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The fertiliser industry

The value of nutrients

Nutrients are very important for life to exist. An essential nutrient is any chemical element that is needed for a plant to be able to grow from a seed and complete its life cycle. The same is true for animals. A macronutrient is one that is required in large quantities by the plant or animal, while a micronutrient is one that only needs to be present in small amounts for a plant or an animal to function properly.


A nutrient is a substance that is used in an organism's metabolism or physiology and which must be taken in from the environment.

In plants, the macronutrients include carbon (C), hydrogen (H), oxygen (O), nitrogen (N), phosphorus (P) and potassium (K). The source of each of these nutrients for plants, and their function, is summarised in [link] . Examples of micronutrients in plants include iron, chlorine, copper and zinc.

The source and function of the macronutrients in plants
Nutrient Source Function
Carbon Carbon dioxide in the air Component of organic molecules such as carbohydrates, lipids and proteins
Hydrogen Water from the soil Component of organic molecules
Oxygen Water from the soil Component of organic molecules
Nitrogen Nitrogen compounds in the soil Part of plant proteins and chlorophyll. Also boosts plant growth.
Phosphorus Phosphates in the soil Needed for photosynthesis, blooming and root growth
Potassium Soil Building proteins, part of chlorophyll and reduces diseases in plants

Animals need similar nutrients in order to survive. However since animals can't photosynthesise, they rely on plants to supply them with the nutrients they need. Think for example of the human diet. We can't make our own food and so we either need to eat vegetables, fruits and seeds (all of which are direct plant products) or the meat of other animals which would have fed on plants during their life. So most of the nutrients that animals need are obtained either directly or indirectly from plants. [link] summarises the functions of some of the macronutrients in animals.

The functions of animal macronutrients
Nutrient Function
Carbon Component of organic compounds
Hydrogen Component of organic compounds
Oxygen Component of organic compounds
Nitrogen Component of nucleic acids and proteins
Phosphorus Component of nucleic acids and phospholipids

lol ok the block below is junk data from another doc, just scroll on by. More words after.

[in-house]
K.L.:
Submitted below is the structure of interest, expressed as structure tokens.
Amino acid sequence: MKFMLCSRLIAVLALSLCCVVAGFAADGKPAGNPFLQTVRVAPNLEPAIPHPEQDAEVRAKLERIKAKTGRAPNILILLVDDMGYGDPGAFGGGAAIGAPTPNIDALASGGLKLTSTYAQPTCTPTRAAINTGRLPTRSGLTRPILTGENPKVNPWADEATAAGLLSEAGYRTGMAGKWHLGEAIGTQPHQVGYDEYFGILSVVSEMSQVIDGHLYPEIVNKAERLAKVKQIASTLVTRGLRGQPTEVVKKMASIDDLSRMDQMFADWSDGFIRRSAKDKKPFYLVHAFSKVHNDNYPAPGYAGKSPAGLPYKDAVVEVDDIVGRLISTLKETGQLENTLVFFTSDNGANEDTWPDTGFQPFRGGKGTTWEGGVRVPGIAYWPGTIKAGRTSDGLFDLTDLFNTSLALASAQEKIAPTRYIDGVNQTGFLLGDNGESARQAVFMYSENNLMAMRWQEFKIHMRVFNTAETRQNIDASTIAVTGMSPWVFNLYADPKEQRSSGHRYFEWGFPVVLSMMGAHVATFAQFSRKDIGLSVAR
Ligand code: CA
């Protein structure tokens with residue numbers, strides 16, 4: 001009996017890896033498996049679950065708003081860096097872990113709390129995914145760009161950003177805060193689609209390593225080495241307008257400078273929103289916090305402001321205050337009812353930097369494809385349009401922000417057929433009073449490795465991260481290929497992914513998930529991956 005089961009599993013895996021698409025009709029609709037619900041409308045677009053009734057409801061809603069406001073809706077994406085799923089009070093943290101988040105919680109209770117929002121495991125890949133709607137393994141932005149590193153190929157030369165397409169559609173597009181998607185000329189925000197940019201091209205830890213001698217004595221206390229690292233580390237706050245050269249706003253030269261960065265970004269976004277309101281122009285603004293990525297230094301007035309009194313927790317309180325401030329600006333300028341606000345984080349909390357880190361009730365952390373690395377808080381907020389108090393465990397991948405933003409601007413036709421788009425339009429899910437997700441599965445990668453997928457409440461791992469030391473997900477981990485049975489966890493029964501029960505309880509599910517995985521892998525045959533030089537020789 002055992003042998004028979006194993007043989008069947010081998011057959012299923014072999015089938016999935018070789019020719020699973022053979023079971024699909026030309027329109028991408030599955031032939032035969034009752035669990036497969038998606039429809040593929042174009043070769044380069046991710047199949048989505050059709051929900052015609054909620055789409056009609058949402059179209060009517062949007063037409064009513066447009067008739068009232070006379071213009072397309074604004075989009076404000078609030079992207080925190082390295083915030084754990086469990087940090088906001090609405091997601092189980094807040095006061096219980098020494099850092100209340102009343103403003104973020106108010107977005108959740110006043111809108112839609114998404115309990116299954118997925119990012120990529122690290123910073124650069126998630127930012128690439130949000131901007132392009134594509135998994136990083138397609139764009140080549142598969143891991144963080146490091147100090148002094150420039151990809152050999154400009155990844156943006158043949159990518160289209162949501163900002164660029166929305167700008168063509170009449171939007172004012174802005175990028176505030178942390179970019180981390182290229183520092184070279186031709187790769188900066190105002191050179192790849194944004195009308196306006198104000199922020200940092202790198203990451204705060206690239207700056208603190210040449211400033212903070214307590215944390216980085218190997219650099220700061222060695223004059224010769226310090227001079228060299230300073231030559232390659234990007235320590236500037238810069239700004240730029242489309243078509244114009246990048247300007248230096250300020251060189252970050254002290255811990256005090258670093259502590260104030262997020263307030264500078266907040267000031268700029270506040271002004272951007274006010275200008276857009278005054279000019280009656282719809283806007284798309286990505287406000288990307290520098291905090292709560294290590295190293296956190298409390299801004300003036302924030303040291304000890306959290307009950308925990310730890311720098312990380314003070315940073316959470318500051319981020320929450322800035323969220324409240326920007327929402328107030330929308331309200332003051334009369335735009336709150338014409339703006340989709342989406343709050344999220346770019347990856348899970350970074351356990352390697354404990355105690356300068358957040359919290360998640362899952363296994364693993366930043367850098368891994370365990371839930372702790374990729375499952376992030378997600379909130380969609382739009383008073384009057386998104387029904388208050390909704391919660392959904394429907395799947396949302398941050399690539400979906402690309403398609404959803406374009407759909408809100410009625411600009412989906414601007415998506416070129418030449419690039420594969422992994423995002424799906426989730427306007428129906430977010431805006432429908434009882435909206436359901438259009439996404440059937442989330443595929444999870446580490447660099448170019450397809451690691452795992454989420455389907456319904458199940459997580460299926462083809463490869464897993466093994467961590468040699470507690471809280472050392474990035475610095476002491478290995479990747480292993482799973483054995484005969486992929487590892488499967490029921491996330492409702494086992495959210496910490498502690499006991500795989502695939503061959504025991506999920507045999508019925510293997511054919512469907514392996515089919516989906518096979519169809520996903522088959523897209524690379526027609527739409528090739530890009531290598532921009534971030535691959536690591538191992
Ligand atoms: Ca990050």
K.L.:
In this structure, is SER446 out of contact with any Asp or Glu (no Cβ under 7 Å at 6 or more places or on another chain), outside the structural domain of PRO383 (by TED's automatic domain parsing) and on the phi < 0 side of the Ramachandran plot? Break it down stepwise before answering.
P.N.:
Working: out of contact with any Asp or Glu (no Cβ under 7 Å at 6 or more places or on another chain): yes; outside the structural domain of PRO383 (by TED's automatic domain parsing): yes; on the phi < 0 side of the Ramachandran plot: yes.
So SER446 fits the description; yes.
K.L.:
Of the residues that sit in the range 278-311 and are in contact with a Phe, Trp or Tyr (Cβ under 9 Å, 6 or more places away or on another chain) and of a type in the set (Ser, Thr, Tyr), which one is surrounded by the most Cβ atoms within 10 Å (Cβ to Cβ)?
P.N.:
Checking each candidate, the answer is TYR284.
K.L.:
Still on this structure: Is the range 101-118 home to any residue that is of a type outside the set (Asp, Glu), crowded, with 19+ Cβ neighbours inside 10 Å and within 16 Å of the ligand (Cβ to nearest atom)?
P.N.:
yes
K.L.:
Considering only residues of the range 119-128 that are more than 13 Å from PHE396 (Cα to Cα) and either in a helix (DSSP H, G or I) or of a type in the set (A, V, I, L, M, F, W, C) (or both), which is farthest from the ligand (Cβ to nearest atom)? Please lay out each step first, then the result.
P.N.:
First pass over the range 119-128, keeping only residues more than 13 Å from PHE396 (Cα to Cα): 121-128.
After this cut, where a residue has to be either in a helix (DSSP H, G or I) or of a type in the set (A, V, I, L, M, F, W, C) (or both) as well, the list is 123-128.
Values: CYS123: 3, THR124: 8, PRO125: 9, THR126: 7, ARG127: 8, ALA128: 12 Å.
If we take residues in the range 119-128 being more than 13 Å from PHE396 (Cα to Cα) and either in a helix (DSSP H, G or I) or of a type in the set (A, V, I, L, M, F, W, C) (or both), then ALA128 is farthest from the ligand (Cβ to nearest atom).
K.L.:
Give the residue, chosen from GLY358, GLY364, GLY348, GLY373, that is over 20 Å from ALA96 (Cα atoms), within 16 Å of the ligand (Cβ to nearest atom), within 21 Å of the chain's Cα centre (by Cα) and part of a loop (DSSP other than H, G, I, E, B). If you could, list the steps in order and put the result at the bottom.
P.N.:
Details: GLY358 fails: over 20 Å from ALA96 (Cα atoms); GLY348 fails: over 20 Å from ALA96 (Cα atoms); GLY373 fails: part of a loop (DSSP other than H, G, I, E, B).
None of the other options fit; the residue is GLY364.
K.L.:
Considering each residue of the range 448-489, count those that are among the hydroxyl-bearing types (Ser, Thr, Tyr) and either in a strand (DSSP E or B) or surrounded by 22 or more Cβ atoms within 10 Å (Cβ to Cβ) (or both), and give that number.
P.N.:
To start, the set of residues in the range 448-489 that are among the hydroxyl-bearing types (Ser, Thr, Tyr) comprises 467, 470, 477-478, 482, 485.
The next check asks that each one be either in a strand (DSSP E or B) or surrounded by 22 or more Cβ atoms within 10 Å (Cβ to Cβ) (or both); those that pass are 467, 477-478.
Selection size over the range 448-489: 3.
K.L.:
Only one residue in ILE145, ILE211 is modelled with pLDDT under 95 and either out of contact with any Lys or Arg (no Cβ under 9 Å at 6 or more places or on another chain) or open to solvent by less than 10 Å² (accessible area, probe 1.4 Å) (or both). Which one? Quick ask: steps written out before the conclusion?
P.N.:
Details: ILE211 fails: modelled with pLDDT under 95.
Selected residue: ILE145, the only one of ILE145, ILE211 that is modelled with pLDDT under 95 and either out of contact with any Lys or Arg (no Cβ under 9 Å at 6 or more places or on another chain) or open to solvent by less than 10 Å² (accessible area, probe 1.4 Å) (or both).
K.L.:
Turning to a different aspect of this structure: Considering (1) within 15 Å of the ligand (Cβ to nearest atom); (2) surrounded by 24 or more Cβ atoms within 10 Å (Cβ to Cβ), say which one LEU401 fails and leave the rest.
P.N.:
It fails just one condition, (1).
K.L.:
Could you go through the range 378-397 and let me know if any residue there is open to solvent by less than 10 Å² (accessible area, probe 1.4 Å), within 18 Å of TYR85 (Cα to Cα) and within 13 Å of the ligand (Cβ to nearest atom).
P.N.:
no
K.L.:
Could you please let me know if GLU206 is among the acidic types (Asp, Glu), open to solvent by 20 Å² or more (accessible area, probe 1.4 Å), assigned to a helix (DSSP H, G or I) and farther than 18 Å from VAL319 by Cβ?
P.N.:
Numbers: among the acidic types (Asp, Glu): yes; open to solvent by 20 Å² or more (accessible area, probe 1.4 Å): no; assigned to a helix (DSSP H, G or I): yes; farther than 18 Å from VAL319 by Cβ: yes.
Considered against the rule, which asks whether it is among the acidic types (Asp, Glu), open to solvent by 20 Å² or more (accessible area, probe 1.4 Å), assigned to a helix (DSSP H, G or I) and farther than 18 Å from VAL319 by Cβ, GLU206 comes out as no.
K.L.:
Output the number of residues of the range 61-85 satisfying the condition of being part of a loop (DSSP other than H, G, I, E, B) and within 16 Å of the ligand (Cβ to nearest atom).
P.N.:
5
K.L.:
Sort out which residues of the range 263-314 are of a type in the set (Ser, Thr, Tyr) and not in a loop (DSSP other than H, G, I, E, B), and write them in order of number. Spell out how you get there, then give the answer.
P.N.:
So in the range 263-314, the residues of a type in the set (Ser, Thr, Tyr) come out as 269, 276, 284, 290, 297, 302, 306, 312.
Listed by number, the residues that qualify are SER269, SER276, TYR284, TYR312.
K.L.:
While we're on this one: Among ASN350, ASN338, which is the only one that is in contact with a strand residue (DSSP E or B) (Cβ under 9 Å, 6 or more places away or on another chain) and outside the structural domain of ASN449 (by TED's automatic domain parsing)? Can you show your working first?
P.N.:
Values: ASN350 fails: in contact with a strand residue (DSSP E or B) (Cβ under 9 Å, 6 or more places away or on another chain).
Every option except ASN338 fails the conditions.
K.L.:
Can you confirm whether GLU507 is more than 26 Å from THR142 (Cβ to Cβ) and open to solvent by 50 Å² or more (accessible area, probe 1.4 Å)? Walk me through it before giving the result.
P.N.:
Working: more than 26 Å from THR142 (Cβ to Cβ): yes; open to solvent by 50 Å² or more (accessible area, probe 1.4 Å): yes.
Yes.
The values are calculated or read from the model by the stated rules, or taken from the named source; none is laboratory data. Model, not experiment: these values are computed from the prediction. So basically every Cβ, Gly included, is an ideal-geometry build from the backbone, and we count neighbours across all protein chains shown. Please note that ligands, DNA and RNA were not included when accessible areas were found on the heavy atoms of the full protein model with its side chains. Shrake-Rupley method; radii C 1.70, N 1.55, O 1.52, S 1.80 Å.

Potassium Helps in coordination and regulating the water balance in the body

Micronutrients also play an important function in animals. Iron for example, is found in haemoglobin, the blood pigment that is responsible for transporting oxygen to all the cells in the body.

Nutrients then, are essential for the survival of life. Importantly, obtaining nutrients starts with plants, which are able either to photosynthesise or to absorb the required nutrients from the soil. It is important therefore that plants are always able to access the nutrients that they need so that they will grow and provide food for other forms of life.

The role of fertilisers

Plants are only able to absorb soil nutrients in a particular form. Nitrogen for example, is absorbed as nitrates , while phosphorus is absorbed as phosphates . The nitrogen cycle (Grade 10) describes the process that is involved in converting atmospheric nitrogen into a form that can be used by plants.

Questions & Answers

Light with wavelength of 160nm is shone onto a metal plate with a work function of 8,5×10^-19J Determine 1.thr frequency of the light 2.the threhold frequency of the metal 3.Kenetic energy of the released electrons
Desire Reply
An 800 kg car travelling at 15 m.s down a 30° hill needs to stop within 100 m to avoid an accident. using energy calculations only determine the magnitude of the average force that must be applied to the brakes over the 100m.assume that the surface is frictionless
Mihlali Reply
What is Projectile?
Nontobeko Reply
how to convert cm to nanometr?
When two objects collide in the absence of friction which is observed
Ronny Reply
how to calculate impulse
Smanga Reply
why do esters with higher molecular weight not have have strong fragrances
Prudence Reply
what's a relationship between velocity and momentum?
Eliya Reply
The greater the velocity the greater the momentum
How to calculate velocity
Ibanathi Reply
v=s/t units is metres per second/km per hour
v=displacement/change in time= v=Xf-Xi/t
what happen when you add water on an ester
Rose Reply
 present to produce ethanoic acid and ethano
whats a functional isomer
what's a momentum
Teekayairs Reply
Momentum is the product of mass and velocity P=m×v
this is all about physics only or chemistry can be asked?
Physics only
how to calculate the change in momentum of a rocket is initially for 250s at rest with a mass of 2.55×10^5kg of which 1.8×10^5 is fuel.then the rocket engine is fired up for 250s during which 1.2×10^5kg of fuel is consumed.the speed of a rocket after firing is 2.78×10^9 in a forward direction
wich equation should I use if I'm given the momentum and the change in time..
Alakhe Reply
how to do IUPAC naming ?
Nomsakk Reply
u must first master the functional group of your parent chain
how to calculate a single resistor
one function of diode
to allow current to flow through one direction
one function of variable resistor
how to calculate speed
Mahlatsi Reply
Distance /time

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Source:  OpenStax, Siyavula textbooks: grade 12 physical science. OpenStax CNX. Aug 03, 2011 Download for free at http://cnx.org/content/col11244/1.2
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